[Exclusive Column] SCARRED FOR LIFE – OCTOBER 2023 – Tony Timpone

If you are looking for a one-stop shocking this Halloween to satisfy your horror thirst, look no further than essential streaming service Shudder, its sister streamer AMC+, and linear cable outlet AMC (home of the long-running Fearfest marathons). All three are bursting with things dark and spooky!

For starters, we can’t wait to see what executive producer Greg Nicotero conjures up with season four of Creepshow, dropping with a six-episode binge premiere on Shudder and AMC+ this Friday, October 13. (New episodes will also air weekly on AMC linear.) So, for this month’s column, we checked in with several new Creepshow directors to find out what films left them Scarred for Life!

The Spear Sisters (Kailey & Sam Spear), directors (Creepshow Season 4: “The Hat” and “Grieving Process,” streaming October 13 on Shudder and AMC+; airing October 20 on AMC linear)

“We first watched Heavenly Creatures [1994] when we were in middle school, and it has stuck with us since then. That scene was chilling where Pauline (Melanie Lynskey) and Juliet (Kate Winslet) have planned the murder and are following Pauline’s mother down the path with that stocking filled with a brick. It’s a bright and lovely day out. … The two girls are so unassuming. … The mother is totally unsuspecting. … The way the murder was then played out with no music, and the sound of the mother’s head being hit and her screaming out, was so brutally visceral.”

Justin Dyck, director (Creepshow Season 4: “To Grandmother’s House We Go” and “Cheat Code,” streaming October 13 on Shudder and AMC+; airing October 27 & November 3 on AMC linear)

“When I was 8 or 9, I watched A Nightmare on Elm Street 3: Dream Warriors [1987] at a sleepover, and the puppeteer scene is forever seared into my brain. However, my parents didn’t want me watching all of that blood and guts so my father set out to prove to me that movies could be scary without the gore. He was successful time and time again, but when we sat down to watch Misery [1990], my life changed forever. It brought a realism to horror that I had never experienced. I thought ghosts, vampires, and big strong ax murderers were scary, but Kathy Bates taught me that a quirky smiling woman who doesn’t care for curse words can be the scariest monster of all.”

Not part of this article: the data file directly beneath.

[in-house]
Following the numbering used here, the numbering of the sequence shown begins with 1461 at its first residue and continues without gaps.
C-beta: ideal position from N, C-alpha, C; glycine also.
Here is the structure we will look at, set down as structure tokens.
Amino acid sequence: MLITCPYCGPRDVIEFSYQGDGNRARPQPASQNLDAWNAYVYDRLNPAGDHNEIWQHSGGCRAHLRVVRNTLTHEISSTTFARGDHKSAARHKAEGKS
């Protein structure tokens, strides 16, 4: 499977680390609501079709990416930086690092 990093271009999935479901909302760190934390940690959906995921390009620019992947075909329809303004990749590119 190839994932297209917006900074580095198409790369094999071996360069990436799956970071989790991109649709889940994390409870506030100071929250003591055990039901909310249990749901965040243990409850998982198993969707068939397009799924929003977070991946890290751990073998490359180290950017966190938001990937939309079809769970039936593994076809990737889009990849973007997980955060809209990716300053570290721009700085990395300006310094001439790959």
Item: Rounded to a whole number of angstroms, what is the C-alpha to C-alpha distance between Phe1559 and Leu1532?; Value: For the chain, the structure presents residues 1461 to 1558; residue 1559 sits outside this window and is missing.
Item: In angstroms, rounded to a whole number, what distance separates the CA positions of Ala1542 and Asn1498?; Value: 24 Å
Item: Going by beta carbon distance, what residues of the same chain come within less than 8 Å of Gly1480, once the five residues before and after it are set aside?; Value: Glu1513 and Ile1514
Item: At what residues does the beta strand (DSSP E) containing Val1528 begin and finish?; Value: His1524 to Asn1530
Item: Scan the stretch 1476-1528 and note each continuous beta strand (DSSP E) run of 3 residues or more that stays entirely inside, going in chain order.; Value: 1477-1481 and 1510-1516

P.J. Pesce, director (Creepshow Season 4: “Parent Deathtrap” and “Doodles,” streaming October 13 on Shudder and AMC+; airing on October 27 & November 13 on AMC linear)

“Growing up in Miami, Florida, my mom dropped me at a double feature every Saturday. When I was 10, I saw Children Shouldn’t Play with Dead Things [1972], and it scared the hell out of me. It started off funny and goofy, but here’s the thing: All the people in it seemed like people I knew. My next-door neighbors were hippie types, and they were just like these characters. They dressed the same, spoke the same, acted the same. And the movie was shot in Miami, so it all felt real! After two acts of goofy fun (though, admittedly, desecrating human remains, not so goofy or fun), the shit hits the fan, and the dead rise from the ground in a terrifying sequence that had me shaking. The final image of the undead setting sail on a boat to the Miami mainland was, let us say, unsettling at the least.”

Kjersti Helen Raasmussen, writer/director (Nightmare, now streaming on Shudder and AMC+)

“I grew up in Norway, with strict censorship and age limit in the cinema, but when the video market came in the early ’80s, it opened a new world for me. I had an older sister who could rent for me, and I must have been around 12 when I picked up Creepshow [1982] and A Nightmare on Elm Street [1984]. They were both crazy scary, but also funny and impossible not to watch! So, thank you Stephen King and Wes Craven for all the nightmares. They inspired me!”

Robyn August, director (KillHer, in theaters and on VOD and digital October 20)

“I’ll never forget watching Pet Sematary [1989] as a kid. It absolutely scarred me for life. Besides the adorable Gage and Church being tragically killed, then coming back evil, or the dead hospital spirit guide with half his head missing, there was one particular scene (two really) that absolutely wrecked me. The storyline of Zelda, Rachel’s sick sister who was left under their stairs to die. The actors’ performance and the practical effects in those scenes haunted my dreams. Specifically, the scene toward the end of the film where Rachel goes to the neighbor Jud’s house and hears her sister’s voice upstairs. She enters the room and Zelda is crouched down at the back of the room looking out the window, she twists and contorts her head and body quickly toward her and says, ‘I finally came back for you, Rachel. I’m going to twist your back like mine, so you’ll never get out of bed again!’ Then she runs quickly and crouches RIGHT up to the wide camera lens shouting, ‘Never get out of bed again! Never get out of bed again!’ Her fingers curling in and out and laughing like a hyena.”